How do I sing into a mic and have notes appear - software???

Discussion in 'Microphones (live or studio)' started by terence1212, Feb 1, 2008.

  1. terence1212

    terence1212 Guest

    I have a basic home Daw (Saffire LE + Audition) and am leaning to read/write music. I tried a program called Music Masterworks to convert my live voice into notation, but it doesn't like the Saffire (only works with my onboard cheapo soundmax).

    Money's no object here - just want to get the job done but I'm a complete novice and don't even know what key words to google!. E.g. I use audition like a multitrack for live stuff and have no idea about loops etc (not really interested yet). Not even very sure what midi is.


    Thanks in advance,
  2. tremont

    tremont Active Member

    Jan 6, 2008
    Rochester, NY
    Home Page:
    That can be pretty tricky for software to do accurately. It will get the pitch pretty good, but having the rhythms and pitches accurate can be tricky. I haven't tried anything like that in a while, so maybe it's gotten better, but last I knew, it was kind of inaccurate (especially if you use vibrato).

    If you want, I could transcribe it (aka listen and write it out by hand) for you. If it's something that you only need done once or on a few songs, it would probably be cheaper and easier to pay someone than to buy the software. Send me a private message if you're interested.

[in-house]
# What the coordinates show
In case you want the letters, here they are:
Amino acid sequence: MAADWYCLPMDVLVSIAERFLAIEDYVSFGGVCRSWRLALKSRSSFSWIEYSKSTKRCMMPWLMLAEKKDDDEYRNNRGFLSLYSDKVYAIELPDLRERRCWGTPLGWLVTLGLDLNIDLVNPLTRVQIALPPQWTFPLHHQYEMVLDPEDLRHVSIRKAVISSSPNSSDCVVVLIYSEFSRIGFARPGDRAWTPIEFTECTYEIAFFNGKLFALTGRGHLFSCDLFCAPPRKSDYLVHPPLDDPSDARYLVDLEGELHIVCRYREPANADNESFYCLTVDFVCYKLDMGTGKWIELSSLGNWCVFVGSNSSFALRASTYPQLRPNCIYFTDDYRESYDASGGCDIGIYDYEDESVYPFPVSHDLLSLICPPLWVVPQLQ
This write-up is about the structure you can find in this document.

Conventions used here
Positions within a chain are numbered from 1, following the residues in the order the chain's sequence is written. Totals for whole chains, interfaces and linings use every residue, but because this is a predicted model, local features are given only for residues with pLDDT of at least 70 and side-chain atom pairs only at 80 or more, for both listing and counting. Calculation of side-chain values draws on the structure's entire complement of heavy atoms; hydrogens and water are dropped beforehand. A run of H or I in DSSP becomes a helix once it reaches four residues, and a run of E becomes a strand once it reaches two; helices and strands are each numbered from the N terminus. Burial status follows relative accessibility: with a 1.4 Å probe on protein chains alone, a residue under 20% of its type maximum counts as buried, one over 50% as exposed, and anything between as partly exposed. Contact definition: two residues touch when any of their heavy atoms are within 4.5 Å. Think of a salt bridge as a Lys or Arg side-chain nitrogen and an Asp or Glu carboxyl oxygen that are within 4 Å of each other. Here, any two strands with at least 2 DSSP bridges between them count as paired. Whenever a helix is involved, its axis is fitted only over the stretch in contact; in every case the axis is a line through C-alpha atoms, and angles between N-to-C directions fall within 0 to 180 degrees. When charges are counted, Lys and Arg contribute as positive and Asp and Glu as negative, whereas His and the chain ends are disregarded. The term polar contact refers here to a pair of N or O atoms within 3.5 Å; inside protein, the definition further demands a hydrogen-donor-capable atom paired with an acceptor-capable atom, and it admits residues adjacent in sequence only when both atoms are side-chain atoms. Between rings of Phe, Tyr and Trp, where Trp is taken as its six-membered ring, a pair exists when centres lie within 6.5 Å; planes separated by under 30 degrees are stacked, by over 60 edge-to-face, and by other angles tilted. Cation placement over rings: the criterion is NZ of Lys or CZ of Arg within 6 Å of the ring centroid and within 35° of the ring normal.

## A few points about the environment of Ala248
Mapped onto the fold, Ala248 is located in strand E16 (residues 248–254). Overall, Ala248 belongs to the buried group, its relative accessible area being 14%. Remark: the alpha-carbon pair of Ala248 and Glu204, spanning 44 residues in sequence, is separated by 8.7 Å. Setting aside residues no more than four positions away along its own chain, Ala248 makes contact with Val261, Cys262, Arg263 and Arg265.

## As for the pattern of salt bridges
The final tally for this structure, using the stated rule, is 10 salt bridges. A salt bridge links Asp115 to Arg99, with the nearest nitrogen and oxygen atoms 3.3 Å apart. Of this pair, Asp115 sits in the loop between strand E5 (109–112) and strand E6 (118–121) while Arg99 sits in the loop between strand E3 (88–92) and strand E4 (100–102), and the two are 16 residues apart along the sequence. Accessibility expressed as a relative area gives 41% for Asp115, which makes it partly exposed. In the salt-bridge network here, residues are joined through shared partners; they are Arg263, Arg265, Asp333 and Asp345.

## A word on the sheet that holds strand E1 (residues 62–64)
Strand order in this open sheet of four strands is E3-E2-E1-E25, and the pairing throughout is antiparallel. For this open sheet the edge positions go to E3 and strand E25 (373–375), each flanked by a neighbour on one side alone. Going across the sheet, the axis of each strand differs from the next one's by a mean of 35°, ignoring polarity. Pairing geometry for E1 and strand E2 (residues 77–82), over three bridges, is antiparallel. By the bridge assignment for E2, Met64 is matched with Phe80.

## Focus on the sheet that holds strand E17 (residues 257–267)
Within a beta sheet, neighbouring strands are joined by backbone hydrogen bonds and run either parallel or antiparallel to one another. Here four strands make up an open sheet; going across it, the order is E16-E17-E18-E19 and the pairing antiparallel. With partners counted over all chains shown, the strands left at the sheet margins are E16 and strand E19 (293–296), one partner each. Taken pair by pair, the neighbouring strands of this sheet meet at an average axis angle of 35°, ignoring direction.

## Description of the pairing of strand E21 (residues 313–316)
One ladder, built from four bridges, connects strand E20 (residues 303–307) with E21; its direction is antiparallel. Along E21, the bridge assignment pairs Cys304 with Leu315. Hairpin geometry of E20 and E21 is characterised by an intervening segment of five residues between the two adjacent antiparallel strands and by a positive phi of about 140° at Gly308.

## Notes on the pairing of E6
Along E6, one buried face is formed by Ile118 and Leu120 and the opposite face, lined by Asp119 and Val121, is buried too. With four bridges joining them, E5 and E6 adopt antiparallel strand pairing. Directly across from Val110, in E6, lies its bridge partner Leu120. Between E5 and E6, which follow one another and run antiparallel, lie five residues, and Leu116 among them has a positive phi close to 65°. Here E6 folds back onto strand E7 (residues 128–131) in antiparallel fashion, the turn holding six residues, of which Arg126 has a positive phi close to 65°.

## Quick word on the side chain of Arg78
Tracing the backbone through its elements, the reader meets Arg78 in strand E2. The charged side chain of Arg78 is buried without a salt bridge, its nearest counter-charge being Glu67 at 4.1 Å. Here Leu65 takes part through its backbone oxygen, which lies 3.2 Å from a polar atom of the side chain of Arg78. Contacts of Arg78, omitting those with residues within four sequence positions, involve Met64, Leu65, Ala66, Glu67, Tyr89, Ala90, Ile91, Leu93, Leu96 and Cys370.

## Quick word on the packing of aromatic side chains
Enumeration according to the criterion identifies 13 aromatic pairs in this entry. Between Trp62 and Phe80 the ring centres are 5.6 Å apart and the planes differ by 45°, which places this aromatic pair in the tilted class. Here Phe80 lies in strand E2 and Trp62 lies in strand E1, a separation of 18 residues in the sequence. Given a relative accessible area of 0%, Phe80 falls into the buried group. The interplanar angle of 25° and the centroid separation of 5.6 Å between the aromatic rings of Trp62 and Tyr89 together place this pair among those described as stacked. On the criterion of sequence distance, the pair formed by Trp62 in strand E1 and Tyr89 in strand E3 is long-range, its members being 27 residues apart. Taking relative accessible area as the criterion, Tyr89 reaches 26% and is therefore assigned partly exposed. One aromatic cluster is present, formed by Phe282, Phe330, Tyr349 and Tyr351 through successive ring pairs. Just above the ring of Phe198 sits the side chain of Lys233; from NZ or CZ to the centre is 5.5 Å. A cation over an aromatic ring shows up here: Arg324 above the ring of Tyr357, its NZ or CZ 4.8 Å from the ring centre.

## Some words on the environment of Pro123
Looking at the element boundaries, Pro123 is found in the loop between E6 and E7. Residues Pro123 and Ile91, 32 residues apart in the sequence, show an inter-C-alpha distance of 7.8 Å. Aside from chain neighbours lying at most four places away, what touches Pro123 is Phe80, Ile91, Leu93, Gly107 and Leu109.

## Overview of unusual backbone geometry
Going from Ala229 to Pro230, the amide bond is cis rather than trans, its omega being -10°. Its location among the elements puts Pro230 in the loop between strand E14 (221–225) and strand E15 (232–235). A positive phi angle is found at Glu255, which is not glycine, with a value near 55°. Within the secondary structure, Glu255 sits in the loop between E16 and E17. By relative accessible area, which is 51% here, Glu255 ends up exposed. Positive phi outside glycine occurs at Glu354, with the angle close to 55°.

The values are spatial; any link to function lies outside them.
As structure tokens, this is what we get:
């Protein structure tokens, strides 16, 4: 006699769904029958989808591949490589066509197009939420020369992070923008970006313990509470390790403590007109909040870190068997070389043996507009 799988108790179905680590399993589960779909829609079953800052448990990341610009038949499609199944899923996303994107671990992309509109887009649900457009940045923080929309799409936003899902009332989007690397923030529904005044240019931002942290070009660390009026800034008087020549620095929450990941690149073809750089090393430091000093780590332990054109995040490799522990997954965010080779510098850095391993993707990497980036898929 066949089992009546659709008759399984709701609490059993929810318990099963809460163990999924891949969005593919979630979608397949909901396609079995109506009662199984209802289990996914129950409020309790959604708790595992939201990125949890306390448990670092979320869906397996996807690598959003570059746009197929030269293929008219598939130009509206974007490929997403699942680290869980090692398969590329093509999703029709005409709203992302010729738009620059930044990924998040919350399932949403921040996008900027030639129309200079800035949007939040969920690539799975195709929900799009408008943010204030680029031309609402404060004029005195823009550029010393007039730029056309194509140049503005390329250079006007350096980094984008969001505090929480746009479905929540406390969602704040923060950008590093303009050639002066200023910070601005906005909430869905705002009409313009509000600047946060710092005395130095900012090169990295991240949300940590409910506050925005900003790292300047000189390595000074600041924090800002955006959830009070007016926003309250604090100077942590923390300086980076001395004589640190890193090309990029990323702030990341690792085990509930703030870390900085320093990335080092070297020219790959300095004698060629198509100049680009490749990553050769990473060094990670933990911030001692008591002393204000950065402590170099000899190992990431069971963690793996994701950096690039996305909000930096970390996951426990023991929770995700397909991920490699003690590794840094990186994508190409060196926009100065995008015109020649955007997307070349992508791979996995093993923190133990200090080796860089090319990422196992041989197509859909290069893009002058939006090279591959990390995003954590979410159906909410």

If anyone does have other recommendations for musical transcription software, I'd love to hear them and see what's new.
  3. hueseph

    hueseph Well-Known Member

    Oct 31, 2005
    Vancouver, BC, Canada
    I believe this exact thread has been dealt with already in another forum on this very site. Just FYI.
  4. taxman

    taxman Active Member

    Sep 22, 2006
    For ear training, and sight singing, you could record your singing, then try to play along with a midi keyboard. Software is available to transcribe the midi into notation.
  5. natural

    natural Active Member

    Jul 21, 2006
    Taxmans suggestion is the way to go.

    Vocals are too slippy slidey to get anything useful from software.
    If you're more than 1/4 tone sharp or flat you will get incorrect notes and spend an insane amount of time fixing the notation.
    Timing issues will create even more problems.

    Remember that the notation is the abstract of the reality and not the reality itself.

    The way something is sung (or played) is not necessarily the way you want to see it written.
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